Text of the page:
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Five Thoughts on the New York Jets Benching Zach Wilson for Mike White

NFL: New York Jets at New England Patriots Brian Fluharty-USA TODAY Sports

The Jets will have a new quarterback for at least one game. Mike White takes over under center for Zach Wilson on Sunday against the Bears.

Here are some of my scattered initial thoughts on the move.

  • You can take or leave the decision itself. I could probably convince myself that any of the Zach Wilson, Mike White, Joe Flacco trio gives the Jets the best chance to beat the Bears. If you are going to force me to make a decision, I’d probably still slightly lean towards Zach.

Separate from the decision is the message it sends. I’m sure you could come up with any number of implications from Robert Saleh’s decision, but one word jumps out at me, accountability.

Teams always claim they treat all players equally no matter their salary or Draft position. This, of course, is nonsense. Good players get more leeway than bad players. High priced players get more leeway than inexpensive players. High Draft picks get more leeway than low Draft picks. This is the way it is. This is the way it is always going to be.

No player gets more leeway than a highly drafted quarterback. These players are given every chance to succeed. Every excuse is made for them when they fail. Too much is on the line to not give them every opportunity.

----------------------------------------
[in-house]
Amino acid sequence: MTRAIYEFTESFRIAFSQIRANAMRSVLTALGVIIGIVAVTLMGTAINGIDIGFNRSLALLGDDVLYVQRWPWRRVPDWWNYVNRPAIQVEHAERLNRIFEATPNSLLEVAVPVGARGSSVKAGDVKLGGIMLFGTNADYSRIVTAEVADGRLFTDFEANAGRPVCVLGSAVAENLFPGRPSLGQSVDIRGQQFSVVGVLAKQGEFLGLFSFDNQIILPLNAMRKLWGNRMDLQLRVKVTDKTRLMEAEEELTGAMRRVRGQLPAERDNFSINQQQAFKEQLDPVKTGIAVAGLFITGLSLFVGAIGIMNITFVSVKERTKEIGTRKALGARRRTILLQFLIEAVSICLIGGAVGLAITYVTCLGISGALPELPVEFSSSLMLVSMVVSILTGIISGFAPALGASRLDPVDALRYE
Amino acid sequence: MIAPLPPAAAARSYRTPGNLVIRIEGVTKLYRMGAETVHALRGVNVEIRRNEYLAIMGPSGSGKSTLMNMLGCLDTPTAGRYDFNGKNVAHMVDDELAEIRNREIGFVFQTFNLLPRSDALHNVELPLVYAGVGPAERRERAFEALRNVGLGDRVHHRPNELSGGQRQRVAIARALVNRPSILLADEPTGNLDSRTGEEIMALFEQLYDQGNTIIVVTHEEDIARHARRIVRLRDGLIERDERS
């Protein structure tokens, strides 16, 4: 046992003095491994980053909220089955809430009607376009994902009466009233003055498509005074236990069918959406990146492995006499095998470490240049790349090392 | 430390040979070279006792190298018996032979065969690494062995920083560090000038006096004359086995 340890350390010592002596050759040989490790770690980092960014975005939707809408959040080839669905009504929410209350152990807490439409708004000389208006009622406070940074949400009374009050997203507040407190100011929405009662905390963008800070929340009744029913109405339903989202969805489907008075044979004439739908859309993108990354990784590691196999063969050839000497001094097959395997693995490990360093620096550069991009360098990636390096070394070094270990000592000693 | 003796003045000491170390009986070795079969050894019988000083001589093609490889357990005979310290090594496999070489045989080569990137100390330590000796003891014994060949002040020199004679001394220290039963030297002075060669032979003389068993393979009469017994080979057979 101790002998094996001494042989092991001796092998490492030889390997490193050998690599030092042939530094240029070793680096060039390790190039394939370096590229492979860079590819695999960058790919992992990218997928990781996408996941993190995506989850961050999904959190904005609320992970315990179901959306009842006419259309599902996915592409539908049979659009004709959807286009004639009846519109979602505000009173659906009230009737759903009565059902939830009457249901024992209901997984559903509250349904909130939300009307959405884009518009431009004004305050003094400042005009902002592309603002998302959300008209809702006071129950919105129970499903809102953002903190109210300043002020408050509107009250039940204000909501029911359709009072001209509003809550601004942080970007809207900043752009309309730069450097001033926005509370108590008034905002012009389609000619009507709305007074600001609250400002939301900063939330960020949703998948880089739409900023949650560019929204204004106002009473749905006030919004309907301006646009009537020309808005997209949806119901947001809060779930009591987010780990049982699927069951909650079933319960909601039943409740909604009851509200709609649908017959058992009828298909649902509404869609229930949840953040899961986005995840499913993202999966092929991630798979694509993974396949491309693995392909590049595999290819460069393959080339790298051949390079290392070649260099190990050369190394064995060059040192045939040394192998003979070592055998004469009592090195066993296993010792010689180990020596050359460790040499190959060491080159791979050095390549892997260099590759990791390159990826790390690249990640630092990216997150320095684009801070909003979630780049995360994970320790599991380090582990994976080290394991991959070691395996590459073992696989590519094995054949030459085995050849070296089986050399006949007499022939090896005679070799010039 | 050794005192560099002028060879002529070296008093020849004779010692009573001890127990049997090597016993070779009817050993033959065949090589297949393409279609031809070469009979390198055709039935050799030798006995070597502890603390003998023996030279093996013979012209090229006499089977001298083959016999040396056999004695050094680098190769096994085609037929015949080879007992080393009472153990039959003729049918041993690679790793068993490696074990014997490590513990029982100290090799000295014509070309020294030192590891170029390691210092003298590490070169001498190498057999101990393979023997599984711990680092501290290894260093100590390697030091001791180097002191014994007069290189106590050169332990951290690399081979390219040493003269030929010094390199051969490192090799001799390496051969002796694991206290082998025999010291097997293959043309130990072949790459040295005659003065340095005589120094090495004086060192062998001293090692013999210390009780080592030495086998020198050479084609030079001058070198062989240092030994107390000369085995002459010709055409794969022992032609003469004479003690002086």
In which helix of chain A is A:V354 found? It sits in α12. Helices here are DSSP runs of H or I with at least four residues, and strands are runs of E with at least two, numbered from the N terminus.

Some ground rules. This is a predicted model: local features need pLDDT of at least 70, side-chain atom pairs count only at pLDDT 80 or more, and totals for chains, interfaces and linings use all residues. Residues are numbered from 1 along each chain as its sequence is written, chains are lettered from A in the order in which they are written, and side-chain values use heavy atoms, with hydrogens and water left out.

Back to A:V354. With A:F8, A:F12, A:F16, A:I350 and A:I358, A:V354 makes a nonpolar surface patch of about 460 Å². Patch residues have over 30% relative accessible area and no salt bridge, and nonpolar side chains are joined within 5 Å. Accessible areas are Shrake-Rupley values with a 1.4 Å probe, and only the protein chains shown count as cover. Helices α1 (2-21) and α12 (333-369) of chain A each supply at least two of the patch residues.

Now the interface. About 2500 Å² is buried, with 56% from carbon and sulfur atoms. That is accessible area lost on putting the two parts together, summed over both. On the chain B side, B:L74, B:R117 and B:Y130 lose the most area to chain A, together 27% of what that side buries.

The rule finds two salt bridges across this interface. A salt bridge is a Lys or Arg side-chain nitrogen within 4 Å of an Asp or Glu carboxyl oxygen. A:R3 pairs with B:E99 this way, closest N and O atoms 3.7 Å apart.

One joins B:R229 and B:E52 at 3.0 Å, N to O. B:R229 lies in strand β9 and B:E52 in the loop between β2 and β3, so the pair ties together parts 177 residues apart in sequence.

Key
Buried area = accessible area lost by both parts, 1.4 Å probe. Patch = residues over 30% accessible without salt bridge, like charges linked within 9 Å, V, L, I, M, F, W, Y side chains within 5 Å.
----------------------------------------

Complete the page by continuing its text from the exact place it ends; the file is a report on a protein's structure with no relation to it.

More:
You can disagree with the specific decision to bench Zach Wilson, but I think the Jets are sending a powerful message. Even the quarterback they picked second overall last year faces consequences when he fails to perform. As somebody who has frequently complained about a lack of accountability in the franchise for the last decade plus, I welcome this development.

  • I think it is difficult for most of us to say with 100 percent certainty whether this is the correct decision or not. Those of us who aren’t in the building every day have to consider what I will call the known unknowns.

Without being in the locker room, we can’t say exactly where Zach Wilson stands with any certainty. Wilson’s postgame comments on Sunday drew attention. It became clear that there was some unhappiness with Zach at least to some extent. Robert Saleh tacitly acknowledged that in his Wednesday press conference.

DJ Reed passed this along.

The fact Reed indicated this “had to happen” tells us something was amiss.

What is Zach’s standing in the locker room? None of us really knows. The Jets are incentivized to make it sound like everything is ok. The New York media is incentivized to manufacture a crisis.

We know there’s something. We don’t know how bad it is. We don’t know how quickly it can be fixed. We won’t even know if it is fixed already. Still this likely played a role in today’s decision and will play a role in Saleh’s future decisions at the position.

Among the other known unknowns is Zach Wilson’s current mindset. If you listened to Saleh and took his words at face value (admittedly not always an accurate approach), it seemed like the coaching staff just felt Zach could use a mental breather for a week or more. How Zach progresses will also play a major role in determining if and when he rejoins in the lineup. Only Saleh will know this. We don’t now and won’t in the future.